(4) using a distinctive cutting rhythm for each section: the suspenseful opening of Don’t Look Now starts with rain on the lake and ends with Christie’s abrupt scream, at the sight of her daughter’s corpse in her husband’s arms; it is a crisscross of shots, each one slightly to the right or left of the preceding one. When the Aborigine boy first appears in Walkabout, a tiny silhouette on the horizon, advancing in a snake-like zigzag down the hill toward the exhausted brother and sister, this left-right strategy follows a slower expressionistic route (closeup of a large lizard swallowing a smaller one, stop frames of the triumphant hunter, Lucien John’s eye-blinking wonder at the black’s whirling approach) into a trademark lushness.

In Muriel, the overriding quality is the cool ecstasy about the old-new city’s physicality and the sad transience of the people, their delusions and obsessions. Walkabout is filled with sadness, in this case the divorce of Sydney’s middle-class people from Nature. Their brittle isolation is swiftly condensed in a sinister set-piece of card-like shots. This strange synthesis has Resnais’s aristocratic precision and cool: an eager-to-conform girl practicing breathing exercises in a voice class, a child standing with charming self-confidence among pedestrians at a busy corner, a shot of a brick wall that pans right to expose the desolate outback, a Hockney-esque image of the father, with cocktail in hand, gazing dyspeptically at his two kids capering in a magnificent pool fronting the sea. This staccato section is so like a sharp knife . . . as though the buildings were sucking the life out of the people.

Walkabout, which starts with one type of suicide, the children’s crazy father trying to shoot them (“come out now . . . it’s getting late, we’ve got to go now, can’t waste time”) and hitting only the boy’s tin soldiers off a boulder before killing himself, and ends with an Aborigine youngster’s ritualized willing of his death, makes you think of the basic knitter’s formula: one stitch of charm, one stitch of cruelty. The story: an antiseptic teenager (Jenny Agutter) and her toy-hoarding brother (Lucien John) are left adrift on the edge of an immense desert by their father’s suicide. A cheerfully stoic Aborigine (David Gumpilil), a whirling hunter of animals on a solitary tour to prove his manhood, discovers them at the edge of exhaustion, and guides them back to civilization, where the girl retreats back to her Bold and Ajax persona, and the black, reading her sexual fear as a death sign, hangs himself.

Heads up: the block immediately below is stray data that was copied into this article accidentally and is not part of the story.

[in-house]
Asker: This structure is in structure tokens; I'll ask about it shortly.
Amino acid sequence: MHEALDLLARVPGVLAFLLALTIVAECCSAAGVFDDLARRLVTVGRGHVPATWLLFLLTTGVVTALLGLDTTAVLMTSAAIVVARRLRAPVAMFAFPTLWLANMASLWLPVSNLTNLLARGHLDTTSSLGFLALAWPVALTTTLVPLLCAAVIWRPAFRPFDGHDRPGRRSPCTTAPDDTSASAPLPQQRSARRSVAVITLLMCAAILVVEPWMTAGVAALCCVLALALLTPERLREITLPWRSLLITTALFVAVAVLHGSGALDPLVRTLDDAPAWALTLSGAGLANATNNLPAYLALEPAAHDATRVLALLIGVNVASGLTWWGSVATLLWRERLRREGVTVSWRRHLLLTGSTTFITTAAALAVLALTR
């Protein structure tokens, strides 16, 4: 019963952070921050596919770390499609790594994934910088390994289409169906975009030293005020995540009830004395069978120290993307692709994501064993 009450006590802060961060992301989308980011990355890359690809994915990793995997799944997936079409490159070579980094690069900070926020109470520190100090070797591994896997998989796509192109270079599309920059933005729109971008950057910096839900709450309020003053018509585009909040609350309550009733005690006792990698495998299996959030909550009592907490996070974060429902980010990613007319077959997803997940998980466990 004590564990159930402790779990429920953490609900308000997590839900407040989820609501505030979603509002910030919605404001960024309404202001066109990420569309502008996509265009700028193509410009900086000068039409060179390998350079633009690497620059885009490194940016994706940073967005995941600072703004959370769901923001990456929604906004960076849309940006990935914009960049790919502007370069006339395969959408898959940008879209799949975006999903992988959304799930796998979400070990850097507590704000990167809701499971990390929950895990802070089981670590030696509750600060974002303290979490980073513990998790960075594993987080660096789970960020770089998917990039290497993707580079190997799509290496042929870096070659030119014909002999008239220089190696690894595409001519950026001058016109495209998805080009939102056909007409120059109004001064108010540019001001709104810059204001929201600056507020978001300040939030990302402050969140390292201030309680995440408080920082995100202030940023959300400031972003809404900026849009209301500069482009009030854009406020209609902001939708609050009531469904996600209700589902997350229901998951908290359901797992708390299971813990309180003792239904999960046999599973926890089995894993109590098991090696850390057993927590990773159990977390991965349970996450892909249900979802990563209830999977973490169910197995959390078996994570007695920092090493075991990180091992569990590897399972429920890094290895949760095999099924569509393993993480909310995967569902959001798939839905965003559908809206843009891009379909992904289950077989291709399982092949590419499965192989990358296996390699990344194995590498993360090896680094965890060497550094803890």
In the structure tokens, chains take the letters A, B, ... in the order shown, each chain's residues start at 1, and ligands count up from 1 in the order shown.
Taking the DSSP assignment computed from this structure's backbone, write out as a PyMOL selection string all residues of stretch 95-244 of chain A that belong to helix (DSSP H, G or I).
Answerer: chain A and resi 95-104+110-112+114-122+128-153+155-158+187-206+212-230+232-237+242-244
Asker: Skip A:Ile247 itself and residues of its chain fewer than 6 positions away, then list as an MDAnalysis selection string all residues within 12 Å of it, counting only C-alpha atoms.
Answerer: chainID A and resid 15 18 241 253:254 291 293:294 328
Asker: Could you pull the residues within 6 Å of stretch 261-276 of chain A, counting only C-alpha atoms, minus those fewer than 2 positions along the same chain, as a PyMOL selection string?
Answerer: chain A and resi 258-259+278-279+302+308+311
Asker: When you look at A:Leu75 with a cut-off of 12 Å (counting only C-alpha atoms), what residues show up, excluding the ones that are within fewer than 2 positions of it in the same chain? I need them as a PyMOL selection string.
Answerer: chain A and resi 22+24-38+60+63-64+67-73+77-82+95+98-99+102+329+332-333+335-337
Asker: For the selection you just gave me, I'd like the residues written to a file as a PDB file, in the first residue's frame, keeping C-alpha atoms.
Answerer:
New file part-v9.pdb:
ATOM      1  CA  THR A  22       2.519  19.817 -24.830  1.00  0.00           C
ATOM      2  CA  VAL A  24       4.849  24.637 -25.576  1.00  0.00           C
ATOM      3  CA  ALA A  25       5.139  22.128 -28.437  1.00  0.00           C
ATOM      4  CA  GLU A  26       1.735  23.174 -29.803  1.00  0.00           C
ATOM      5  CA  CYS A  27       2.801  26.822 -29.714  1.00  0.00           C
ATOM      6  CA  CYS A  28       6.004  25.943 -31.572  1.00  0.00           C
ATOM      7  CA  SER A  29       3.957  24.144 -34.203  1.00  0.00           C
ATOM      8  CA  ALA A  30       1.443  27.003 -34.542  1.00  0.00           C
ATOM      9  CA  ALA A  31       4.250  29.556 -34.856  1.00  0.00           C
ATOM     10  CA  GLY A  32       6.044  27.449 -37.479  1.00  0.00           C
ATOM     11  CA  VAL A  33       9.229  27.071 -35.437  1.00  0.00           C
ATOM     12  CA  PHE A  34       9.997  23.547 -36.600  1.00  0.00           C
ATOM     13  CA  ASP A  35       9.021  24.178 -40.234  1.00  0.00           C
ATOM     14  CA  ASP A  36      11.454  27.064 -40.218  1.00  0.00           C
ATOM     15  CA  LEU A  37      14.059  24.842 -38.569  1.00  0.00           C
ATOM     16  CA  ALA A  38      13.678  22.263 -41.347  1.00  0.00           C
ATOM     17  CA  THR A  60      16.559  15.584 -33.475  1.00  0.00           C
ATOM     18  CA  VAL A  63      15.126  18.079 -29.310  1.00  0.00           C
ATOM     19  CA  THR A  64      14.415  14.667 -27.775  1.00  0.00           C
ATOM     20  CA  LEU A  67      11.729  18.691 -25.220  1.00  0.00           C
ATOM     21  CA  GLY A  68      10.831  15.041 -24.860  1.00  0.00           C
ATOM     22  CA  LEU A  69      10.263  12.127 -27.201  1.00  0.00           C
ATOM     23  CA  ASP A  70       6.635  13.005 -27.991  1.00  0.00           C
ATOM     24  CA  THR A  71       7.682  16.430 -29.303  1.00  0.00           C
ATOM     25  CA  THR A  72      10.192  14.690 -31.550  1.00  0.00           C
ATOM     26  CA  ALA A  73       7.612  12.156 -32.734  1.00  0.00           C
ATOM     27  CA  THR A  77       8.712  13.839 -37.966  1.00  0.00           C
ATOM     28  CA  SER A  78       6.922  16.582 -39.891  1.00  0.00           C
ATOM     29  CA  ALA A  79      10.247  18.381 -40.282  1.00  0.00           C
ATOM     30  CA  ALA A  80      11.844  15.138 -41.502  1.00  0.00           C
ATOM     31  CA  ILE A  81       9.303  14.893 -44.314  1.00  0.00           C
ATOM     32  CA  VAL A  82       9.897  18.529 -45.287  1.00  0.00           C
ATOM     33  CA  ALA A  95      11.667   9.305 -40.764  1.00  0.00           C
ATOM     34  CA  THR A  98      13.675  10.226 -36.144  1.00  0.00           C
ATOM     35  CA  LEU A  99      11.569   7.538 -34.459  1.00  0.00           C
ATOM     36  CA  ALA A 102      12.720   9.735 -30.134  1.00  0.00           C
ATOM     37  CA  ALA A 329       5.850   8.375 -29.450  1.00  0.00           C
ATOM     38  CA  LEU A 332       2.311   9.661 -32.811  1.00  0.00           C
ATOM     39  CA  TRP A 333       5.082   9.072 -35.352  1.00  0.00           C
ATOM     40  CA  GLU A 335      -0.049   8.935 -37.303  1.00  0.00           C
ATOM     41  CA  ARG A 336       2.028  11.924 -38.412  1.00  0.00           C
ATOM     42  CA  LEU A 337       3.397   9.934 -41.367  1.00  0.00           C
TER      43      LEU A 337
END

The movie shows its director as a sentimental R. D. Laing psychiatrist creating a wonderful enchanted kingdom of snakes, spiders, wombats . . . with an anti-capitalist twist and a sentimental back-to-Nature solution to the problems of civilization. A sort of Hansel and Gretel fairy story: cast out in the woods by parents, coming to the crone in the gingerbread house, throwing the witch in a boiling caldron, etc. The Gothically underlined, rather swank movie not only vouches for Laing’s idea that that society-perversion the nuclear family is the surest road to misery, but has the authentic exhilaration of an adventure story. It is half heartbreaking magic, like a Jr. Moby Dick, and half Kodak cloying.

Inside its sun-struck pace, lush landscape images and associative editing, Walkabout is a pessimistic impression of two Sydney children civilized to death by an alienating city, schooling and family, almost zooming to freedom through their odyssey but not making it. One of the last words the clench-faced father tells his son, chewing on a butterscotch in the VW’s back seat: “Don’t eat with your mouth full son.” Later, during their desert trek, his uptight sister reprimands him: “Look after your clothes, people will think we’re tramps.” The kid, game and willing to believe, looks around the Australian emptiness: “What people?” Where the family is all rules, the Aborigine responds directly to the need of the moment. The movie’s all about gifts: the black boy’s gift is teaching the Sydney children survival know-how, practicality, as opposed to law-abidance.